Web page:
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Microsoft talks trash about the iPad's business capabilities, in slide form.  (Source: Microsoft via ZDNet)
Redmond's finest hopes to score some tablet business from the corporate sector

After a long road, Microsoft is finally ready to enter the tablet market in earnest during 2011 with a number of Windows 7 tablets running on Intel Atom system-on-a-chip processors.  To date, Microsoft has only released one high profile Windows tablet -- the HP Slate 500 -- and by "high profile" we mean "sold 5,000 units at launch."

Microsoft obviously hopes for much bigger things, with rival Apple selling millions of iPads each month.  But it has its work cut out for it with the impending release of the Apple iPad 2.

In an attempt to counter the iPad's sizable market lead, Microsoft is planning to attack it where it's weakest -- on the business side.  The company has been passing about a slide deck to its partners entitled "Microsoft Commercial Slate PCs".

The slides brag that Windows 7 can do things that Apple's iOS 4.x can't do well, such as "provide remote assistance", "deploy LOB applications", and "secure corporate IP".  Clearly Microsoft plans on leveraging the fact that Windows 7 is a more secure OS, is richer in business software, and (with the help of Intel's chips) offers superior virtualization/networking capabilities.

A recent report by Seattle's TechFlash pointed out that if iPads were factored in to computer sales reports, Apple would jump ahead of Dell to become the world's second largest seller of personal computers.

But its new campaign just might work to some extent.  Many businesses have clearly been interested in the tablet craze, but have been wary of handing out hard-to-manage iPads to the staff.  If Microsoft plays its hand right and manages to offer a decent selection of affordable options, it may just win these slow adopters over.  The only big risk is the fact that Windows 7 tablets are expected to get worse battery life due to the fact that they use Intel, rather than ARM processors.

The real question for Microsoft is what to do next.  The company has to focus on developing a next generation Windows operating system focused on the tablet, and has to try to efficiently offer legacy software support for its newly adopted ARM architecture CPUs in order to close the battery life gap with its rivals.  But it also has to consider whether a full-fledged Windows environment is well suited for its next generation tablet OS, or whether it would be better off adopting its non-traditional Windows Phone 7/Zune OS in a larger form factor.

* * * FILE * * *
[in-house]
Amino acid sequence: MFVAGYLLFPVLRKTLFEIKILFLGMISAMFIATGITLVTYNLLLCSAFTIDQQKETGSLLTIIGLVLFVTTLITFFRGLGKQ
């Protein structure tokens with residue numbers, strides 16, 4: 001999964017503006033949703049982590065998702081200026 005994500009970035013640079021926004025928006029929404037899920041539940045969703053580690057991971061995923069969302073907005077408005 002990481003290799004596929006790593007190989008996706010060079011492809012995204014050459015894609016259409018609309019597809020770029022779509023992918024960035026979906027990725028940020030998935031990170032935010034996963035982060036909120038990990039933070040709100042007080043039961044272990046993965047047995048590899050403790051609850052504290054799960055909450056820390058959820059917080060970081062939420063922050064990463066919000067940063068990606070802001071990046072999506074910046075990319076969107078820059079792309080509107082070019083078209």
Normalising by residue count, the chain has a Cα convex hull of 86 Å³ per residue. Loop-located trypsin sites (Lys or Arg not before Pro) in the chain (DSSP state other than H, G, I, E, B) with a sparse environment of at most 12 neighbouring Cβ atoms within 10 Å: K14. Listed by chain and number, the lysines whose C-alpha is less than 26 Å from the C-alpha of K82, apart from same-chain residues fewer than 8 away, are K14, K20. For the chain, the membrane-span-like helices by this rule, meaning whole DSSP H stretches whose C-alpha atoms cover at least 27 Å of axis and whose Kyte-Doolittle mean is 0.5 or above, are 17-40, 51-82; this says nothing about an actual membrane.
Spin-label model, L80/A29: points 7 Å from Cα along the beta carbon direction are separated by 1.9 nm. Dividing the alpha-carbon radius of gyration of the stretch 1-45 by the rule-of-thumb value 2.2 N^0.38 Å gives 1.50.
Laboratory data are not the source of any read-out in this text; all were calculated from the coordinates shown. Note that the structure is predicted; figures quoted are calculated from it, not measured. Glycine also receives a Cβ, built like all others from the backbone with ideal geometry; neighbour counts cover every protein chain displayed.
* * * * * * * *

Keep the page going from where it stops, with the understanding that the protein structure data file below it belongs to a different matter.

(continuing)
Microsoft's plans for this year is looking increasingly clear, but its long term plans are far less so.

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RE: Um...
By torpor on 1/25/2011 3:04:45 PM , Rating: 1
First off, there is no free lunch. This site most certainly is not free, it's simply extracting a cost which you and I do not pay directly, but by viewing (and hopefully interacting with) interstitial advertising. These advertisers pay money to advertise on this site because it has a sizeable, engaged, interest-focused community. Therefore, it is in DailyTech's interest to listen to that community and provide what it wants, because that community is what makes their site (and several jobs, Jason's included) viable beyond the grace of an angel investor.

Therefore, on occasions where the site administration engages the community in a meta-discussion (as above with Jason's post), I feel we, in fact, have a responsibility to give good and respectful guidance. In the meantime, my post - where I did exactly that - has been modded up by the community, while Jason's and yours have been modded down. This amounts to community feedback Jason would hopefully find useful, since growing the community is the main way Jason will grow his career as a journalist. (increasing prominence of site) The rest of our bickering between ourselves has been largely ignored, as it should be.

My individual feelings are not terribly important - note I did not make some silly threat about going elsewhere for news, and I have defended Jason in other places, especially about the Wikileaks coverage. I know that my individual pageviews are nearly meaningless. However, the communal input is the thing, and it does seem to be working.

Beyond that, if you'd like to disavow what you posted previously about HP's role in the value chain, that's fine. It was stupid anyway. But it highlights the logical dissonance you had to endure to post a defense to the "nit".

RE: Um...
By Parhel on 1/25/2011 11:48:02 PM , Rating: 2
Therefore, on occasions where the site administration engages the community in a meta-discussion (as above with Jason's post), I feel we, in fact, have a responsibility to give good and respectful guidance.

I'm more of a "Mick, you suck" kind of guy, myself, but to each his own.

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